tration [DOE-NNSA]), it was jointly agreed that the following task would also be included as part of this study:3

If the National Academies determine that the procurement of medical isotopes from commercial sources is not feasible as defined in Section 630 of the Energy Policy Act, it should estimate the magnitude of the cost differential and identify additional steps that could be taken by the Department of Energy and medical isotope producers to improve the feasibility of such conversions. In estimating the magnitude of cost differentials, consideration should be given to facilities utilized by both large and small producers. The National Academies should also identify any reliability of supply issues that could arise as a result of such conversions.

DOE-NNSA and the National Academies judged that this added task would assist DOE in achieving its mandate to minimize the use of HEU in civilian applications. The complete statement of task for this study is reproduced in Sidebar 1.2.

The mandate for this study reflects an effort by the U.S. Congress to balance two competing national interests: first, to ensure the continued availability of reasonably priced medical isotopes in the United States; and second, to prevent the proliferation of HEU, which could be diverted for malevolent use in nuclear explosive devices (Sidebar 1.1). A brief history of congressional actions on HEU use for medical isotope production is provided in Sidebar 1.3. Kuperman (2005, 2006) explores the motivations for and possible consequences of these actions.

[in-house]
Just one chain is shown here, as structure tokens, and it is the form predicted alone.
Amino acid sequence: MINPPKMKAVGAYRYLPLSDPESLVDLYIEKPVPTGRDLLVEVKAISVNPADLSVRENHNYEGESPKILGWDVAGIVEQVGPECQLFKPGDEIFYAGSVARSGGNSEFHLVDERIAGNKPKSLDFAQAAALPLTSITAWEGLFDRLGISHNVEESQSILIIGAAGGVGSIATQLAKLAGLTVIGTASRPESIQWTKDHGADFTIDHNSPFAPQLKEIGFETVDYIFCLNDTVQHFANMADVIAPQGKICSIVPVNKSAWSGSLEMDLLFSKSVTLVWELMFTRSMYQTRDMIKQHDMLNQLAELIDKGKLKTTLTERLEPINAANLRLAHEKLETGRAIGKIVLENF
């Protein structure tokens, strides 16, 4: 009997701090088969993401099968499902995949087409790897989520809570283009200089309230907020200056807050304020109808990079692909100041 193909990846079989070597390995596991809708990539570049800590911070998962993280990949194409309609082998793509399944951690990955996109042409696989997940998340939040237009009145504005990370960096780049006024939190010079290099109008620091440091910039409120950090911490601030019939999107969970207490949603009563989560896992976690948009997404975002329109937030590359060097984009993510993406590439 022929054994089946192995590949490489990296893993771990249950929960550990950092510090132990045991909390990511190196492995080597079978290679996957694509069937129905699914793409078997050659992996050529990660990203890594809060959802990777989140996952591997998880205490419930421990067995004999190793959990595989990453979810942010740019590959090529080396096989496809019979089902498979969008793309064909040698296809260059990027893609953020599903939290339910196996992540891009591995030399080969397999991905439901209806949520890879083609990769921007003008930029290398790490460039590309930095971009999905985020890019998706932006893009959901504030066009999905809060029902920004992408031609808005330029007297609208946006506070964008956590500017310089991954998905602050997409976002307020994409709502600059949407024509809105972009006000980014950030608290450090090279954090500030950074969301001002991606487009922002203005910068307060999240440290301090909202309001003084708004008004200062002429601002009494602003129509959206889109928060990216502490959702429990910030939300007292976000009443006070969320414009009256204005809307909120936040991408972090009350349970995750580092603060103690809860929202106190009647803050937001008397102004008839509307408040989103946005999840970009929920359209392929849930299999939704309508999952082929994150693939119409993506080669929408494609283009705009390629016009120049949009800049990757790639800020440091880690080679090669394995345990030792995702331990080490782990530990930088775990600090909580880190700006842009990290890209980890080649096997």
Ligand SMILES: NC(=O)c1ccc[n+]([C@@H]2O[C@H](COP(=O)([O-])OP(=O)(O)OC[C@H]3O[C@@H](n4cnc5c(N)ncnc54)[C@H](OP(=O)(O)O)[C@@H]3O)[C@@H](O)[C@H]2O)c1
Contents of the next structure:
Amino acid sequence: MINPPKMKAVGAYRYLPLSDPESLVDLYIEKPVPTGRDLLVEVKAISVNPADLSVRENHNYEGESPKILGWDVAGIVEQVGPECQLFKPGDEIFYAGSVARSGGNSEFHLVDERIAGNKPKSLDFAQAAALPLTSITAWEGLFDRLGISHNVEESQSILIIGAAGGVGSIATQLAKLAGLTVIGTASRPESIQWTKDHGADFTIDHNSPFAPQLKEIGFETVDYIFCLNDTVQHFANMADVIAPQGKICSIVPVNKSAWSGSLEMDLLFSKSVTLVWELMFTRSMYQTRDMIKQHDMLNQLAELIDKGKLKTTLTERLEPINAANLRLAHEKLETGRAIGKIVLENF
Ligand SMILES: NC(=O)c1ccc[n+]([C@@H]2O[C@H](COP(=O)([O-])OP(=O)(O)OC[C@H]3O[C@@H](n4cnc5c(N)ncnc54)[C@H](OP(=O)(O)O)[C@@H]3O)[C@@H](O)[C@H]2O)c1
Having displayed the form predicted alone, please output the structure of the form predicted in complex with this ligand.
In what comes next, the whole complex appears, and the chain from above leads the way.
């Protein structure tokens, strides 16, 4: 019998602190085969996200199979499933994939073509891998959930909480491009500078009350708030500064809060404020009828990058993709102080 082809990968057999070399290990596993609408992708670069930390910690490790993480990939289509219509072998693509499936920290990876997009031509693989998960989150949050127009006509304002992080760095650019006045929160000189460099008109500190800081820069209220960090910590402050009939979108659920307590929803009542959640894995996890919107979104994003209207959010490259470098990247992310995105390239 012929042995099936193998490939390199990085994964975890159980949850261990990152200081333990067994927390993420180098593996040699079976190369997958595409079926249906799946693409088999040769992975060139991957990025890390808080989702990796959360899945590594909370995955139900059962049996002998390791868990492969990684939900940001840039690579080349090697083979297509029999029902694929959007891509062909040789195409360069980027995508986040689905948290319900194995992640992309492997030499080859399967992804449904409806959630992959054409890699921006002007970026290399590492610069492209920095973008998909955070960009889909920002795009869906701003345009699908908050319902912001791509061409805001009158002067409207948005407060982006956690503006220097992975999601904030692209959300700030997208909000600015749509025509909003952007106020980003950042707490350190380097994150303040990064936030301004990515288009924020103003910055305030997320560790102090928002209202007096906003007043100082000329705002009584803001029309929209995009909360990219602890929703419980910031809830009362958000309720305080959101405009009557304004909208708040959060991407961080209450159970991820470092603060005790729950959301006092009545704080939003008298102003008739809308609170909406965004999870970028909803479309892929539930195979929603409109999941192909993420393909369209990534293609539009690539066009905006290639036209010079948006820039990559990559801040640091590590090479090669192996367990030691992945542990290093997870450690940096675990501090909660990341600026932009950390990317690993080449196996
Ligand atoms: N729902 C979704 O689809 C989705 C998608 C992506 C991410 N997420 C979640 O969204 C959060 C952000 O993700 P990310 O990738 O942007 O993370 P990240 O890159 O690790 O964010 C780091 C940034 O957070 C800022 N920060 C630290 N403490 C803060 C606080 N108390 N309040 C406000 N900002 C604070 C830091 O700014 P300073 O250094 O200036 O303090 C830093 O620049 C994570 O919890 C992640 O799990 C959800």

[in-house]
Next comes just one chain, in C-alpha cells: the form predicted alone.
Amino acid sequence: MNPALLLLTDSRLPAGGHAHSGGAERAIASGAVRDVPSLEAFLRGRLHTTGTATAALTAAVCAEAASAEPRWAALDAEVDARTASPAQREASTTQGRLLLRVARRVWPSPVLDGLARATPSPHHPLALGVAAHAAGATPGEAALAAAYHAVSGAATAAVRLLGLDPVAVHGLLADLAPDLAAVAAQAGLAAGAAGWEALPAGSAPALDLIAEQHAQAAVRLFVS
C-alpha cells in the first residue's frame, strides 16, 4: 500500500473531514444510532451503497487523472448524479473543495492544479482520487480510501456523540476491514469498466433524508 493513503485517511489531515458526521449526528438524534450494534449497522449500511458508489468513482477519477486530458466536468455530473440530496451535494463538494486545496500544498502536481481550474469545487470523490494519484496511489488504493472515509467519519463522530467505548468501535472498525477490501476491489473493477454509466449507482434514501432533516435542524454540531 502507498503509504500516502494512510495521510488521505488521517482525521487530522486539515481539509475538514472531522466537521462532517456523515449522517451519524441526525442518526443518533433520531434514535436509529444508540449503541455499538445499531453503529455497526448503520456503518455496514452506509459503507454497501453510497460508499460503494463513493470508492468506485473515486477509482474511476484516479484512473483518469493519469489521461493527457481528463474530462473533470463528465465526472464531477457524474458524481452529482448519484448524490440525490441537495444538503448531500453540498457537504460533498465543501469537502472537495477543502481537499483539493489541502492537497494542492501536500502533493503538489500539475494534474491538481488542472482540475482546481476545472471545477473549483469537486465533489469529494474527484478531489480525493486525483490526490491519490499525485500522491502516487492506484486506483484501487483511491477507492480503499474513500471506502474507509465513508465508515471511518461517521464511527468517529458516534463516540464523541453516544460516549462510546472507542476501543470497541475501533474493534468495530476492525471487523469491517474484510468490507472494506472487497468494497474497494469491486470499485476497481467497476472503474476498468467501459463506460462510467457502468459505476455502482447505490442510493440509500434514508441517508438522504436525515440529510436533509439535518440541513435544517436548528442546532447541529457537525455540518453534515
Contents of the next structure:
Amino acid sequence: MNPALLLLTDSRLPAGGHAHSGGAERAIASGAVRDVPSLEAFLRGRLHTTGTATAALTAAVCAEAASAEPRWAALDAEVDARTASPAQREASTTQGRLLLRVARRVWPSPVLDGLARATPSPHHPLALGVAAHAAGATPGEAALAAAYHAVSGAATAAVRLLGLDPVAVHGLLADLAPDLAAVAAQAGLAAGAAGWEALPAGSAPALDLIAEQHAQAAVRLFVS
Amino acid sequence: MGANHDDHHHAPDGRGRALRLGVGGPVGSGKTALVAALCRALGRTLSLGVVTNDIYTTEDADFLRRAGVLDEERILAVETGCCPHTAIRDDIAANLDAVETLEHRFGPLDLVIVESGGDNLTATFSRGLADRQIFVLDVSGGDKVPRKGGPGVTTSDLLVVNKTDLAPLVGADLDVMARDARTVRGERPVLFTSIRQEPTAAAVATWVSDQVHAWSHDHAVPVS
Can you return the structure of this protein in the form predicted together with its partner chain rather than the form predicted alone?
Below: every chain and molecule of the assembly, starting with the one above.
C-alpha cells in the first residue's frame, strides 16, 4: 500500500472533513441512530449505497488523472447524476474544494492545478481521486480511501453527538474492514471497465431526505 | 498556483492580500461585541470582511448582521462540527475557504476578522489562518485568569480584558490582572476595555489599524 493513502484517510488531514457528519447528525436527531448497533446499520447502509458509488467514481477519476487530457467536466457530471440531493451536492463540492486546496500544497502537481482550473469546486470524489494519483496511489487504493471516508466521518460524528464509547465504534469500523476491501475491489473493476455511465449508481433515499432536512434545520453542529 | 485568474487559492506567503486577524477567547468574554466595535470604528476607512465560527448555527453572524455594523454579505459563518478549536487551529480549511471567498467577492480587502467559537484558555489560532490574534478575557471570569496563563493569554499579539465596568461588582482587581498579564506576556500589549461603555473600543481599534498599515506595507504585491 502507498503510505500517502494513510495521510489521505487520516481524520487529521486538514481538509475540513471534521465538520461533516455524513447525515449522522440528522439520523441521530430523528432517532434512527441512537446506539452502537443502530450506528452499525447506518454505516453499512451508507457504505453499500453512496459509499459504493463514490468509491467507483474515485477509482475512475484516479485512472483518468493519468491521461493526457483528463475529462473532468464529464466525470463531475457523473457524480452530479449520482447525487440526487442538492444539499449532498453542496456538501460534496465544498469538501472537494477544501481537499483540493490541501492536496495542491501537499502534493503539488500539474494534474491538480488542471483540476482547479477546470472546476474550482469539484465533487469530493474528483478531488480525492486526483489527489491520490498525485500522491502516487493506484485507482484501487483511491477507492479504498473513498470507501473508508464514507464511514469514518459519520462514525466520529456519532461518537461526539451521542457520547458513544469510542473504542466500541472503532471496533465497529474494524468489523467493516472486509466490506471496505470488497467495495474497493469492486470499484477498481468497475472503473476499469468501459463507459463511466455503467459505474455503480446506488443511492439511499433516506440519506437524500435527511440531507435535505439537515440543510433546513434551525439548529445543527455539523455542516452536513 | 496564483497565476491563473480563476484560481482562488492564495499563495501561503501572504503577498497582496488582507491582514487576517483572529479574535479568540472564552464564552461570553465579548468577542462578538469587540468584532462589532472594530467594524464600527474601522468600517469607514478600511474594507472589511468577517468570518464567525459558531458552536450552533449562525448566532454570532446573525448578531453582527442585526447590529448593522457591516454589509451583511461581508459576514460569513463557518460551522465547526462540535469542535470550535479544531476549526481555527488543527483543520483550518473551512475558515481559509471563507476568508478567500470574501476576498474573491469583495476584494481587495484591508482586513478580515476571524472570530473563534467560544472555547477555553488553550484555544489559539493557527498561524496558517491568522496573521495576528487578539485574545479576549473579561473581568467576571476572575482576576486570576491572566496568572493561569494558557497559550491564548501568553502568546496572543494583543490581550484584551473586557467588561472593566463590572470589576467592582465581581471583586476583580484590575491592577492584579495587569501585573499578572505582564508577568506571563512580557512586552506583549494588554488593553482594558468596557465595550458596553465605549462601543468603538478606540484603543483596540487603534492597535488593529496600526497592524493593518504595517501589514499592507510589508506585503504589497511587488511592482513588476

At present, there are no producers of Mo-99 for medical use4 in the United States. Almost all of the Mo-99 used worldwide is produced by just four companies, all using HEU targets:

  • MDS-Nordion, which is located in Ottawa, Ontario, Canada, obtains Mo-99 under an agreement with Atomic Energy of Canada Limited (AECL), which is located at Chalk River, Canada;

  • Mallinckrodt5 near Petten, the Netherlands, extracts Mo-99 from targets irradiated in three European reactors;

  • Institut National des Radioéléments (IRE) near Fleurus, Belgium, extracts Mo-99 from targets irradiated in three European reactors; and

3

This additional task was formally approved by DOE-NNSA and the National Academies prior to the start of the study.

4

In this report, the terms Mo-99 production, Mo-99 producer, and similar constructions refer specifically to Mo-99 produced for medical isotope use. All uranium-fueled nuclear reactors produce Mo-99 as a result of fission of U-235 contained in their reactor fuels, but this Mo-99 is not recovered for medical use.

5

Mallinckrodt Inc., a Delaware corporation, is an indirect wholly owned subsidiary of Covidien Ltd.



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